Signages add a touch of character to the places we visit on our adventures. It also adds to the several associations we retain in our storehouse of memories.
On the way to Chitkul from Sarahan we stopped at a wonderful view point of a deep gorge in the midst of the mountains. Strong winds made us clutch on to each other for fear of being blown away. This was the site of a dilapidated cable car, a tourist attraction that now lies rusty and disused. Take a look at the signage and gorgeous view.
Several signages greeted us as we approached Chitkul. A reminder that this was the last village in India before we enter Tibet and also the presence and sacrifices of the sentinels who guard our borders.
This martyrs memorial on the route from Chitkul to Nako, was a grim reminder of the many precious lives lost in the construction of these mountain roads and in their maintenance.
I loved this little signage that announced, out of nowhere, our hotel in Nako.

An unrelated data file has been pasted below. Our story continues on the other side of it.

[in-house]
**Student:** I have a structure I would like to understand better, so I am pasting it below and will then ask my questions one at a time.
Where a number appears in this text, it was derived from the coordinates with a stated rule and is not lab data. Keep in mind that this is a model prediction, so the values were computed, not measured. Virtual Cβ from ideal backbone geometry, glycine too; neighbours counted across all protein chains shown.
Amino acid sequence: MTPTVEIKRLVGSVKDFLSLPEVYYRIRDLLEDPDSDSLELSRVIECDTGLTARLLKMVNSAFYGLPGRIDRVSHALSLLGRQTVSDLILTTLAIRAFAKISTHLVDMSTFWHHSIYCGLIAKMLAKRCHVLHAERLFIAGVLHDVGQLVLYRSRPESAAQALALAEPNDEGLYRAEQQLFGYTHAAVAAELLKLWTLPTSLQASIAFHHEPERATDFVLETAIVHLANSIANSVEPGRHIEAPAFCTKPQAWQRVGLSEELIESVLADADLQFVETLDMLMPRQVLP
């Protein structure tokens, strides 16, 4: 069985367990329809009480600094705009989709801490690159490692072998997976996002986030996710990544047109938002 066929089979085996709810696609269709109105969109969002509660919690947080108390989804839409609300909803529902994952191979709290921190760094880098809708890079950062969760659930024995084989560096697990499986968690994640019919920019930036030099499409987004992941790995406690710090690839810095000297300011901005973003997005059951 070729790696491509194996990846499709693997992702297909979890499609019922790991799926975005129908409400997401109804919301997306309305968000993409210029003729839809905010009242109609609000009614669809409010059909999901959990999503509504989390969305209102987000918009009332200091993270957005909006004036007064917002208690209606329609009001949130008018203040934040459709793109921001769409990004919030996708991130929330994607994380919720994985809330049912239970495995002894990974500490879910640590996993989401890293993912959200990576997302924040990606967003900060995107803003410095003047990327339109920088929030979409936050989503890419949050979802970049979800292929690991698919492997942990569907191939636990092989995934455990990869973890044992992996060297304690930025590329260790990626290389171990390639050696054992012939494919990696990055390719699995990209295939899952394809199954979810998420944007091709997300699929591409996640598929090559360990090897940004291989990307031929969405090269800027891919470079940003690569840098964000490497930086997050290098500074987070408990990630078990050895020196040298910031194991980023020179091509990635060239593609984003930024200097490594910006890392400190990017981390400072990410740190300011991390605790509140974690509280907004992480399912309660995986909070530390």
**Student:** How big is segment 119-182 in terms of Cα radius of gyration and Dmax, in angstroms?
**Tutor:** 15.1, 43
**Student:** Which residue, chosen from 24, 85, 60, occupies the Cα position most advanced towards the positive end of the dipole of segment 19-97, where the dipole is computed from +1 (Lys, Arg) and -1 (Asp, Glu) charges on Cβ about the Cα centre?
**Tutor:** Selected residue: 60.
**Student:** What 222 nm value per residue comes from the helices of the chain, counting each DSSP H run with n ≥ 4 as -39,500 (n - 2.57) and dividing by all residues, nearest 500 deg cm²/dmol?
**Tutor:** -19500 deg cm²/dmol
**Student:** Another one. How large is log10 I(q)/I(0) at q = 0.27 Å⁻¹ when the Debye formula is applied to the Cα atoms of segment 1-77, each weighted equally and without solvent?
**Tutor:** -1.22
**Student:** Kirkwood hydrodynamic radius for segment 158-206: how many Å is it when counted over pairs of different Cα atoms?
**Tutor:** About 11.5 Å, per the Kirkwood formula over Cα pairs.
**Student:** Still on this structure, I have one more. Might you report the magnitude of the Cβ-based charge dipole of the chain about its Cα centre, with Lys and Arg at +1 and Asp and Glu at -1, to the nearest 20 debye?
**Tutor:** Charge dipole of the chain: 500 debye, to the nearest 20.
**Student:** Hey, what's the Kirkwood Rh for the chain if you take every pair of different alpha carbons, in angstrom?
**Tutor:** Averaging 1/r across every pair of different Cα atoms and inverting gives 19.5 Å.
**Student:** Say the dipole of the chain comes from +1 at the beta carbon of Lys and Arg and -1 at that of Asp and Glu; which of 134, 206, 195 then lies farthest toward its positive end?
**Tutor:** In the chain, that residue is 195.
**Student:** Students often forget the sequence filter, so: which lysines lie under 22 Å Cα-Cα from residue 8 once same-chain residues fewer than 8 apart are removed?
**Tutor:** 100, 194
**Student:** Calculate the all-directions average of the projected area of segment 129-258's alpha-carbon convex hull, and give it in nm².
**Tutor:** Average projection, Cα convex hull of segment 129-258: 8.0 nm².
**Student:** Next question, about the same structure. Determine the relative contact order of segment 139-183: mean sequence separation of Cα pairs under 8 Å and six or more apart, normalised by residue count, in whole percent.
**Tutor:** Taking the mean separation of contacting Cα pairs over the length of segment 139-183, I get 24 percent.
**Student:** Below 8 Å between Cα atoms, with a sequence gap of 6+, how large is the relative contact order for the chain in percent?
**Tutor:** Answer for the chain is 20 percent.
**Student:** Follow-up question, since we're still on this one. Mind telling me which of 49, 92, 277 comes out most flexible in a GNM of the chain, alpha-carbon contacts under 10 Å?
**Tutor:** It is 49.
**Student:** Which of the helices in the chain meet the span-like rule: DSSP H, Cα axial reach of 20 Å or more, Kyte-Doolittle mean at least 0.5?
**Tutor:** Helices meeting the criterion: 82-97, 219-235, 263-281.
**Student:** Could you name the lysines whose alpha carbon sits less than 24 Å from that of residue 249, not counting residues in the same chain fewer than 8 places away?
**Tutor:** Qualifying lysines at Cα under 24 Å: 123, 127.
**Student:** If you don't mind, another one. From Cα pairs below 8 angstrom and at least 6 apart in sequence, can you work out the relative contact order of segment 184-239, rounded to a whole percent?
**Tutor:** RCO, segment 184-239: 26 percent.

Equally appealing is this little signage at the confluence of the Sutlej and Spiti Rivers of the dhaba we stopped by for lunch on our way to Nako. Very unusual but superlative location for a dhaba which we could have easily missed.
Buddhist symbolism was present all over the Spiti Valley. An unusual symbol on the mountains at Nako was the horn of a ram. Perhaps it represents immortality or strength.
Here is a quotation from the Buddha which we saw at the Dhankar Monastery.
At places of interest around Kaza we saw several interesting signages. The locals seem to have a pride in the facilities they have at these high altitudes.
The Chacha- Chachi dhaba at Bartal just after the Kumjun La was a wonderful experience we had. Here are the associated signages.
The signage announcing Kumjun La is a favourite photo opp for adventure travelers.
Harry Porter fans would love this signage outside a café near the Mall Road in Manali.
Finally the sight of the Atul Tunnel as we headed to Manali was so welcome after the torturous roads from Kumjun La to Gramphu.